The objective of this paper is to determine the effect a Life Coach could have on the performance of junior hockey players.
How many times have you seen certain players who possess incredible talent, but lack motivation? How about athletes who work hard and are extremely focused, but can’t seem to execute when the pressure is on? What about those incredibly gifted athletes who lack confidence in their abilities? (Wiley, 2010, pg.245)
Junior hockey coaches, players, parents and billet families were surveyed. Over 90% feel that having better focus, more motivation and increased self-confidence would help junior hockey players to improve their performance. See Appendix A
Although focus, motivation and confidence are interdependent they have been separated for the purposes of this discussion.
Focus, motivation and confidence are a huge part of an elite athlete’s personality. In order to play at elite levels of competition you need all three. Focus keeps you out of trouble off the ice and prepares you each day. If you have the focus then you are motivated. If you are confident it takes you to the next step. Chris Hajt, Assistant Coach, Guelph Storm, OHL
The scope of this paper is restricted to Junior Hockey players playing in the Canadian Hockey League (CHL).
Junior Hockey was selected as the focus for this paper because it is the most exciting and complex time in an elite hockey player’s life. It’s the time where boys (ages 15 to 20) develop into men physically, mentally and emotionally. Junior Hockey is the stepping stone to professional hockey. It is in Junior Hockey where the player’s talents are showcased to the National Hockey League (NHL) and other professional teams. It is where lifelong dreams can come true. Regardless of their talent, they have to be more focused, motivated and confident than they have ever been in their lives.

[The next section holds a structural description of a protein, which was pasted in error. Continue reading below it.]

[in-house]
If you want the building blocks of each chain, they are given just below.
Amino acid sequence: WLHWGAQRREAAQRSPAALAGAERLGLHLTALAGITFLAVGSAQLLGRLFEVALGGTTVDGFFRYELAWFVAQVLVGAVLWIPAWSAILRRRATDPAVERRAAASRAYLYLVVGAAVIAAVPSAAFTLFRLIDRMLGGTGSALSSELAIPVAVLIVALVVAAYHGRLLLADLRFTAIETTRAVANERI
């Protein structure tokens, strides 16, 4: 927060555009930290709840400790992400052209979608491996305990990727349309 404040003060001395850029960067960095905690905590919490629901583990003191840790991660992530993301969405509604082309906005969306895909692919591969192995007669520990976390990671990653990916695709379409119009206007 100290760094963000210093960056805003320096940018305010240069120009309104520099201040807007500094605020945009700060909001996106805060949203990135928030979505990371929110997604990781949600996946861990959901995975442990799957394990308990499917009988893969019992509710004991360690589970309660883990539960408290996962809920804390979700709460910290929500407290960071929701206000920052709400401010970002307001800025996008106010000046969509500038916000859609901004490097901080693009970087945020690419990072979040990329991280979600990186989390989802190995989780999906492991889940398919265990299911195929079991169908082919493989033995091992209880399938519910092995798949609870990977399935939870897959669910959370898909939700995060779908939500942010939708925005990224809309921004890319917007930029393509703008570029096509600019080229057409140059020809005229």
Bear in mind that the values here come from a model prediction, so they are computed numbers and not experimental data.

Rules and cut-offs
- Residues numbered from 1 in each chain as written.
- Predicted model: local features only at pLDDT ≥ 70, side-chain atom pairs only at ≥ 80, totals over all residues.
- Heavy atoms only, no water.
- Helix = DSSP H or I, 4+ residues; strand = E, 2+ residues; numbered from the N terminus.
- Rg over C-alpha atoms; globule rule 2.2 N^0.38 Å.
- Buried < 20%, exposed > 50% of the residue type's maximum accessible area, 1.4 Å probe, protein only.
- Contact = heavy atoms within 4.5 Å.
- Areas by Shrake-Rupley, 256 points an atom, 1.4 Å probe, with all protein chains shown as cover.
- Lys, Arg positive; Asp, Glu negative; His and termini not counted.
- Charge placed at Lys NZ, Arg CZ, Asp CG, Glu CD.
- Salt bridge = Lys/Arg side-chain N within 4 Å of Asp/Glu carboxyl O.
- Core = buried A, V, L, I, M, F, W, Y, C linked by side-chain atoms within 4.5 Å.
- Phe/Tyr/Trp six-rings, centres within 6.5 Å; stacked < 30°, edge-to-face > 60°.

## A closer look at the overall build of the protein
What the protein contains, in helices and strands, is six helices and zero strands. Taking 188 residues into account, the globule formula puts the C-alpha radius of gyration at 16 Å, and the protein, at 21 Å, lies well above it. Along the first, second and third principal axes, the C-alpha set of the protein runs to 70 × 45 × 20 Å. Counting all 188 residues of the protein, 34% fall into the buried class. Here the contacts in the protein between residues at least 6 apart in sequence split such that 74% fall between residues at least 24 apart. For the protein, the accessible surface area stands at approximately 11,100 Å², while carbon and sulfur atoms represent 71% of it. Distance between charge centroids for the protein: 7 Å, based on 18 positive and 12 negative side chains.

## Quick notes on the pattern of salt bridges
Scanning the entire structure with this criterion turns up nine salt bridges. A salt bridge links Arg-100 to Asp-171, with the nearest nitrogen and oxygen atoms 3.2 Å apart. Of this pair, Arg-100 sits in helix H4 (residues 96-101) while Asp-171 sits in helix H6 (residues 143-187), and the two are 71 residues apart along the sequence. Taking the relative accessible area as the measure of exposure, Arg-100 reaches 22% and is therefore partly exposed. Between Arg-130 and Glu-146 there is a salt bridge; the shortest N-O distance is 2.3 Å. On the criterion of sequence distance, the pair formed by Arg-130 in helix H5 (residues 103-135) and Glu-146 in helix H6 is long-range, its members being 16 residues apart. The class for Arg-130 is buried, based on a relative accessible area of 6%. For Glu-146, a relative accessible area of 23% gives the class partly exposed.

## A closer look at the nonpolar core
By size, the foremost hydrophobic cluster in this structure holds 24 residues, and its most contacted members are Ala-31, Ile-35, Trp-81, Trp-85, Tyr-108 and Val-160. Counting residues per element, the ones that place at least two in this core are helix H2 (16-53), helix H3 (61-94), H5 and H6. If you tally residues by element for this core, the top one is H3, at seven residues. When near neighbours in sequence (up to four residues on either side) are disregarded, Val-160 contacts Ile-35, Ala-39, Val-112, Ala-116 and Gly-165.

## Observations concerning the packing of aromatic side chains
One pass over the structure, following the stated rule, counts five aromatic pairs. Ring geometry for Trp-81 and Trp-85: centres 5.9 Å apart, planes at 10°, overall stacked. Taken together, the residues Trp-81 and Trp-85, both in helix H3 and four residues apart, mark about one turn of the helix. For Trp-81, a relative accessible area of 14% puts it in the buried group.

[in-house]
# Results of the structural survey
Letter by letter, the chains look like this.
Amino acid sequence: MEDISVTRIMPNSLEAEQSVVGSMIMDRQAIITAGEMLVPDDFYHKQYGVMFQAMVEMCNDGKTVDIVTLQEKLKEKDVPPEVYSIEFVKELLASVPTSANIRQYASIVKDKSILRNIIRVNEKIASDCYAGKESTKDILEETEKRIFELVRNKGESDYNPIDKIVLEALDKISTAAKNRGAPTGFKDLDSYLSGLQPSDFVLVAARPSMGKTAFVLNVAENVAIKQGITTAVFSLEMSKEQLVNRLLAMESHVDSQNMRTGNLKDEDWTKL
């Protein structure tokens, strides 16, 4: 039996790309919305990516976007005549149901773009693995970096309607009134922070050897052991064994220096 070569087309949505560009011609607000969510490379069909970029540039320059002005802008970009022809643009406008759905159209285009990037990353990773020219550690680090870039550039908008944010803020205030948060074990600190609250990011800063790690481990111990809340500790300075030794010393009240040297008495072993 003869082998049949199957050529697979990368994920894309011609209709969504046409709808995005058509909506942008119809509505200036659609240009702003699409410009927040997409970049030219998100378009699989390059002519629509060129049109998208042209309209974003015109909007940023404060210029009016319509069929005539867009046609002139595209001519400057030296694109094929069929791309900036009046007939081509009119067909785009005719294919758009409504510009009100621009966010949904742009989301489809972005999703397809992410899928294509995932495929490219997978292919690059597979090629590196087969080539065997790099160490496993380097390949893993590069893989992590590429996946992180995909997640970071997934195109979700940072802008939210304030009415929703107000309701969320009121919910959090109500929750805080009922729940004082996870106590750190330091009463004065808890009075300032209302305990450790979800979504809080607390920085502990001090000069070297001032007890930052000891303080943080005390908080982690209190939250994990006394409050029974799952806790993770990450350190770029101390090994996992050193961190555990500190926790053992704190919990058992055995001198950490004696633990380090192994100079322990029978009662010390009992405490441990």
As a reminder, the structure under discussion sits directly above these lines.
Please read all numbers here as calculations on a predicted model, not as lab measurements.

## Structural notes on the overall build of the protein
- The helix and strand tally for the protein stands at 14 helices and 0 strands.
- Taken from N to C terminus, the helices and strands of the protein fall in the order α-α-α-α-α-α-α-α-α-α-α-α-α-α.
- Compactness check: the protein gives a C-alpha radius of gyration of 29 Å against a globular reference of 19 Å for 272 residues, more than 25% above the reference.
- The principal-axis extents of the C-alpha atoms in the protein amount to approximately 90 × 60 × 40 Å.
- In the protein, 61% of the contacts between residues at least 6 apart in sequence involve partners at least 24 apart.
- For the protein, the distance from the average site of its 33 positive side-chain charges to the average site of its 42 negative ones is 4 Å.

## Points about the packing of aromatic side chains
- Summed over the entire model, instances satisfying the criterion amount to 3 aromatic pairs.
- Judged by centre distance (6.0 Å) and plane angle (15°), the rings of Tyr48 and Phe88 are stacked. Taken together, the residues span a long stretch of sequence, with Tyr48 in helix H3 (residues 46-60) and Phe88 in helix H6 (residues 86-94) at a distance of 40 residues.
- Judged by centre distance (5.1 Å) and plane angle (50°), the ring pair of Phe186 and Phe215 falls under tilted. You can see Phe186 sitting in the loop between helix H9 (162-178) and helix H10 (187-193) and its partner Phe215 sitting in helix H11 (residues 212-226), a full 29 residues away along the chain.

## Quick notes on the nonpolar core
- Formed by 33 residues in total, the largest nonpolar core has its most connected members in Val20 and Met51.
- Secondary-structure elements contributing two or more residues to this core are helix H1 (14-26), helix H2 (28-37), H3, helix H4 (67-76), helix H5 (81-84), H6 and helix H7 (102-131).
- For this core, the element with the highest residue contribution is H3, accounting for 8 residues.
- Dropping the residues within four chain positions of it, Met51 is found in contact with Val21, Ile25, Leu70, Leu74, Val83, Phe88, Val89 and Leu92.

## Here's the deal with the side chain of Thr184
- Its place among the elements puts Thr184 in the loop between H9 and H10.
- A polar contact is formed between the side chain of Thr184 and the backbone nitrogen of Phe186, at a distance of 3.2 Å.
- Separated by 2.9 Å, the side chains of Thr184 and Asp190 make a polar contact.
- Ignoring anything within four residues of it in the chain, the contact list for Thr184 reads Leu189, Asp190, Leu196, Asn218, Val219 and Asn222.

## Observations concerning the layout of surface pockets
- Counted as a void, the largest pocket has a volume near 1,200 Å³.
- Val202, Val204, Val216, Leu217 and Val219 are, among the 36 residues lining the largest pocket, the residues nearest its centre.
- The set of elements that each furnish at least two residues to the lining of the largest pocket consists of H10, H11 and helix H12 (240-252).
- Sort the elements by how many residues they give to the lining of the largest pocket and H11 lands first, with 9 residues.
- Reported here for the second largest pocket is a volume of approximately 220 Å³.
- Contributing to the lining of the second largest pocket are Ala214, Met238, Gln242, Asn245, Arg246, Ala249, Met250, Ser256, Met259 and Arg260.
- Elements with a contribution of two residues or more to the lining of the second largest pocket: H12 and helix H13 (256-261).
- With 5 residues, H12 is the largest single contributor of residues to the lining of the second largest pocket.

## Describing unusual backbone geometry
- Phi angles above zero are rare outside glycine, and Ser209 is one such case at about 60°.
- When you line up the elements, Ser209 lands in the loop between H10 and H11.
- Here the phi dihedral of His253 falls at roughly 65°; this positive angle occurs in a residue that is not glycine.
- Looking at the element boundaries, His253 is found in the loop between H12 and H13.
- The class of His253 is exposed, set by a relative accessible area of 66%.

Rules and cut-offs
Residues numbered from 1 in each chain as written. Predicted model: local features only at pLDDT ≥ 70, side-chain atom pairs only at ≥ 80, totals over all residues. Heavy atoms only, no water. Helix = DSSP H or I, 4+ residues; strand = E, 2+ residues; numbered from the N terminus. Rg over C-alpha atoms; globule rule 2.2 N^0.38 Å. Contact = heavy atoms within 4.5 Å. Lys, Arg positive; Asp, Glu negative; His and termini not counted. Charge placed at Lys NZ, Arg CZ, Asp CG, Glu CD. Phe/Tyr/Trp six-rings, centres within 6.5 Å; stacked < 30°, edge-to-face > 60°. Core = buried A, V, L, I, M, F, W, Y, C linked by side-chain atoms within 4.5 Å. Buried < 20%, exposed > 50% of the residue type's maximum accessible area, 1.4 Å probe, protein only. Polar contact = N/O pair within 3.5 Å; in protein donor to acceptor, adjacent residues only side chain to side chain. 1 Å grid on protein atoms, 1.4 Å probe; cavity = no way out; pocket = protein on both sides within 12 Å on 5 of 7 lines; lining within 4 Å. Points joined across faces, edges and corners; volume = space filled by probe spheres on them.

The Canadian Hockey League is the focus for this paper because it has a long history of being the number one developmental league in the world. Canada has a phenomenal record for having players drafted into the NHL.
In total since 1969 the CHL has had 4,886 players selected representing over 50% of all players drafted. (www.ontariohockeyleague.com)
Pittsburgh, PA – The Canadian Hockey League announced that 99 CHL players were selected in the seven rounds of the 2012 NHL Entry Draft representing nearly 47% of the 211 drafted players (www.CHL.ca)
This prestigious record attracts players from around the world and has the attention of the NHL like no other league.
Competition is the name of the game. Players must compete not only against other teams but they must compete to earn their spot on their team and against their teammates for the line they play on. Anything a player or team can do to gain a competitive advantage is invaluable.
At first glance it may seem that CHL junior hockey players lead a charmed life. They are playing a sport they love and are often in the spotlight. They have an opportunity to earn millions of dollars. But, as with everything in life there is an upside and a downside.
At the recreational level, sports are about doing your best and having fun. Unfortunately, coaches, parents and even young athletes often forget the purpose of competition. They look at professional sports, which is a business – winning and losing translates into dollars and cents – and lose perspective. (McGraw-Hill, 2001, pg.203)
On the downside, fame and opportunity come at a price. Many junior hockey players do not have the life skills or maturity to deal with the enormous sacrifices they make and pressure they will endure. See Appendix B